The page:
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A Theory of Gradual Trade Liberalization

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  • Robert Staiger

    (University of Wisconsin)

Abstract

This paper proposes a theory of gradual trade liberalization. I consider countries that are limited to self-enforcing arrangements in their trade relations. I argue that enforcement problems associated with the maintenance of low cooperative tariffs are exacerbated by the presence of resources in the import-competing sector that are (or potentially could be) earning rents from their sector-specific skills. Intuitively, by being able to transform into rents a portion of what otherwise would be dead weight loss under a tariff hike, the presence of such resources makes deviation from a low cooperative tariff to a high tariff more desirable for the deviating country, and makes punishments under reciprocally high tariffs less painful. Hence, the presence of rent-collecting resources in an import-competing sector acts as a deterrent to trade liberalization. But if an initial "round" of liberalization can induce at least a portion of these resources in the import-competing sector to relocate to the rest of the economy, and if by not using their sector- specific skills these resources stand to lose them, then the enforcement issues associated with their presence will also diminish over time, and further rounds of liberalization are made possible by the effects of the initial round. I formalize this gradual process of trade liberalization, and explore the consequences of a failed round of liberalization for the ability to maintain current levels of cooperation.

Suggested Citation

  • Robert Staiger, 1994. "A Theory of Gradual Trade Liberalization," International Trade 9410003, EconWPA, revised 21 Oct 1994.
  • Handle: RePEc:wpa:wuwpit:9410003
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    References listed on IDEAS

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    1. Bagwell, Kyle & Staiger, Robert W., 1997. "Multilateral tariff cooperation during the formation of customs unions," Journal of International Economics, Elsevier, vol. 42(1-2), pages 91-123, February.
    2. Bagwell, Kyle & Staiger, Robert W, 1997. "Multilateral Tariff Cooperation during the Formation of Free Trade Areas," International Economic Review, Department of Economics, University of Pennsylvania and Osaka University Institute of Social and Economic Research Association, vol. 38(2), pages 291-319, May.
    3. Devereux, Michael B, 1997. "Growth, Specialization, and Trade Liberalization," International Economic Review, Department of Economics, University of Pennsylvania and Osaka University Institute of Social and Economic Research Association, vol. 38(3), pages 565-585, August.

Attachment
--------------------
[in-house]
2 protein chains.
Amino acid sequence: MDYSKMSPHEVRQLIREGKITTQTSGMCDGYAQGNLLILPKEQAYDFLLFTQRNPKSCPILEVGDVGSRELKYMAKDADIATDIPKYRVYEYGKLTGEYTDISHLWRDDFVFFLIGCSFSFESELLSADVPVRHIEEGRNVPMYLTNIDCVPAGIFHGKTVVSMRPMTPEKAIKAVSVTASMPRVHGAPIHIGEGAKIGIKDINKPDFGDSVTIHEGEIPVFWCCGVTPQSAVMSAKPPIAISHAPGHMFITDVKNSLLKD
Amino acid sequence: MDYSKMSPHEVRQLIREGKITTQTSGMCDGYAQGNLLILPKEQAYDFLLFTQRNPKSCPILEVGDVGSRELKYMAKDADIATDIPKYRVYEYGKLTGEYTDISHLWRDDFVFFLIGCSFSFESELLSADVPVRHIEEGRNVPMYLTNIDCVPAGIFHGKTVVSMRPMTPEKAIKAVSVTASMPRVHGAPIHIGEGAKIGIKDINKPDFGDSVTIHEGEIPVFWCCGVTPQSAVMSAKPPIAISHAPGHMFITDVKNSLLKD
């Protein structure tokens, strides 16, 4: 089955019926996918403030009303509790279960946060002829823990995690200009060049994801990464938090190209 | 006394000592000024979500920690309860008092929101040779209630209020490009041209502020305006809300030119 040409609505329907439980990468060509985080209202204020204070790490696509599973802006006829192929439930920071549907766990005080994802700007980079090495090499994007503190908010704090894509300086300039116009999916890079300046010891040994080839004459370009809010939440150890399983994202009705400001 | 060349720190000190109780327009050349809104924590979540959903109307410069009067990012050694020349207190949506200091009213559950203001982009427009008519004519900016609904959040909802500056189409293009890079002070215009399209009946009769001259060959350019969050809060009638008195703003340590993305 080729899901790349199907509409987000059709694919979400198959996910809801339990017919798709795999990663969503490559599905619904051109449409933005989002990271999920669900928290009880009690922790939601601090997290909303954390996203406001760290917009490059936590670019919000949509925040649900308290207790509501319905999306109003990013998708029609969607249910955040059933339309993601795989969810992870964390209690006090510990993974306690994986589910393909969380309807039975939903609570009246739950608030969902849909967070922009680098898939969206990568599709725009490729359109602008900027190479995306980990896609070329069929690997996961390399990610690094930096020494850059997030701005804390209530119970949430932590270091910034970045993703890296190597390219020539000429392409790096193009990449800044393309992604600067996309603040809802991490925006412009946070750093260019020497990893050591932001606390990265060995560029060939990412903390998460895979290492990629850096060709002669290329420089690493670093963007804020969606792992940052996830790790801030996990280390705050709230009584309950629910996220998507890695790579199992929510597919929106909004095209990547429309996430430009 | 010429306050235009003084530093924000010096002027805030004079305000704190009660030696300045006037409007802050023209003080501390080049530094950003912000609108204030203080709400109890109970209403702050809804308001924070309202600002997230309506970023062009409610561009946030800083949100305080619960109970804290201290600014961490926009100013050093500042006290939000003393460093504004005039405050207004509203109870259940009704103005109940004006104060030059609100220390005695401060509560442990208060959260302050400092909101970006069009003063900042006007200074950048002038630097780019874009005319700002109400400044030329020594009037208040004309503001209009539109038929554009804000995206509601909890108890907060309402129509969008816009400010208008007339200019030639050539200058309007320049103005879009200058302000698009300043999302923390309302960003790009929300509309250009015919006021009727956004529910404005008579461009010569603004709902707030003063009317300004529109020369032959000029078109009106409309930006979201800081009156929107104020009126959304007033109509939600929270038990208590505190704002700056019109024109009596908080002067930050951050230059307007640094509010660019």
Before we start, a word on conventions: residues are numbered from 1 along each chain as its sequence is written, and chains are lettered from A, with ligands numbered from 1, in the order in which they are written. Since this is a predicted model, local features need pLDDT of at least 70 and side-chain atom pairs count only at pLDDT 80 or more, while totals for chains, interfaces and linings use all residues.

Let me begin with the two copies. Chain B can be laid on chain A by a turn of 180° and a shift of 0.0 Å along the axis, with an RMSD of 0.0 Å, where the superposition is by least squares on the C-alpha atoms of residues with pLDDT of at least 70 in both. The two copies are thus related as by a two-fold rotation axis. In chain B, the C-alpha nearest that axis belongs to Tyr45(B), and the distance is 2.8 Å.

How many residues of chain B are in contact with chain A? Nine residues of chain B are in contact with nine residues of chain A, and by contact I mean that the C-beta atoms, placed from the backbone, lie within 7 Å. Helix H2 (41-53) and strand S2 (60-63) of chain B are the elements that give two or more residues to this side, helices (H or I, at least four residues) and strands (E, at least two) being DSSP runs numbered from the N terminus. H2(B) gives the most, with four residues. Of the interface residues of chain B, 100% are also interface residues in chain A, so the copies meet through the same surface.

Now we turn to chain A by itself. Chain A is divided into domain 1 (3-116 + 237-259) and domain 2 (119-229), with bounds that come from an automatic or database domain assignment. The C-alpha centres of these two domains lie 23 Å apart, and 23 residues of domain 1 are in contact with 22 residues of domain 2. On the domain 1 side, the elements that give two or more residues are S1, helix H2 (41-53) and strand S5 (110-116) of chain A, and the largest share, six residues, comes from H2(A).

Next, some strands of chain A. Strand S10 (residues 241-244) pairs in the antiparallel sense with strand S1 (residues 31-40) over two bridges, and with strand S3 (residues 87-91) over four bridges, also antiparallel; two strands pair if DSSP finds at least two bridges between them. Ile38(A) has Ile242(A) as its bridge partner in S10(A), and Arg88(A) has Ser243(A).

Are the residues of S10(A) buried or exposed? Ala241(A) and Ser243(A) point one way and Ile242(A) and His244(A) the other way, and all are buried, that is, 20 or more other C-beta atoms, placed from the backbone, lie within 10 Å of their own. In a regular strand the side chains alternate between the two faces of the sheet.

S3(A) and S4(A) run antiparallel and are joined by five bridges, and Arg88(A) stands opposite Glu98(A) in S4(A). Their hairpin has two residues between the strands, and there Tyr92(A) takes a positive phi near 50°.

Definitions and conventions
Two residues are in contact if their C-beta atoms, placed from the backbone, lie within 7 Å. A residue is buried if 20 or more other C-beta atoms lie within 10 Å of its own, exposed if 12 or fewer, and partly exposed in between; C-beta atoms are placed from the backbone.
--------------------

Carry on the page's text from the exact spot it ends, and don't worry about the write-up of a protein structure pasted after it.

4. Bagwell, Kyle & Staiger, Robert W, 1990. "A Theory of Managed Trade," American Economic Review, American Economic Association, vol. 80(4), pages 779-795, September.
    5. M. Dewatripont & G. Roland, 1992. "Economic Reform and Dynamic Political Constraints," Review of Economic Studies, Oxford University Press, vol. 59(4), pages 703-730.
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    Cited by:

    1. Richard E. Baldwin, 2011. "Multilateralising Regionalism: Spaghetti Bowls as Building Blocks on the Path to Global Free Trade," Chapters,in: International Handbook on the Economics of Integration, Volume I, chapter 2 Edward Elgar Publishing.
    2. Antoni Estevadeordal & Caroline Freund & Emanuel Ornelas, 2008. "Does Regionalism Affect Trade Liberalization Toward Nonmembers?," The Quarterly Journal of Economics, Oxford University Press, vol. 123(4), pages 1531-1575.
    3. Kyle Bagwell & Robert W. Staiger, 2000. "GATT-Think," NBER Working Papers 8005, National Bureau of Economic Research, Inc.
    4. Zissimos, Ben, 2007. "The GATT and gradualism," Journal of International Economics, Elsevier, vol. 71(2), pages 410-433, April.
    5. Richard E. Baldwin, 2006. "Multilateralising Regionalism: Spaghetti Bowls as Building Blocs on the Path to Global Free Trade," The World Economy, Wiley Blackwell, vol. 29(11), pages 1451-1518, November.
    6. Bac, Mehmet & Raff, Horst, 1997. "A theory of trade concessions," Journal of International Economics, Elsevier, vol. 42(3-4), pages 483-504, May.
    7. Giovanni Maggi & Andrés Rodríguez-Clare, 2007. "A Political-Economy Theory of Trade Agreements," American Economic Review, American Economic Association, vol. 97(4), pages 1374-1406, September.
    8. Emanuel Ornelas, 2000. "Free Trade Areas with Politically Active Oligopolies," Econometric Society World Congress 2000 Contributed Papers 1457, Econometric Society.
    9. Michael Lusztig & Patrick James, 2004. "How Does Free Trade Become Institutionalized? An Expected Utility Model of the Chretien Era," University of Western Ontario, Economic Policy Research Institute Working Papers 20044, University of Western Ontario, Economic Policy Research Institute.

    More about this item

    JEL classification:

    • F1 - International Economics - - Trade
    • F2 - International Economics - - International Factor Movements and International Business

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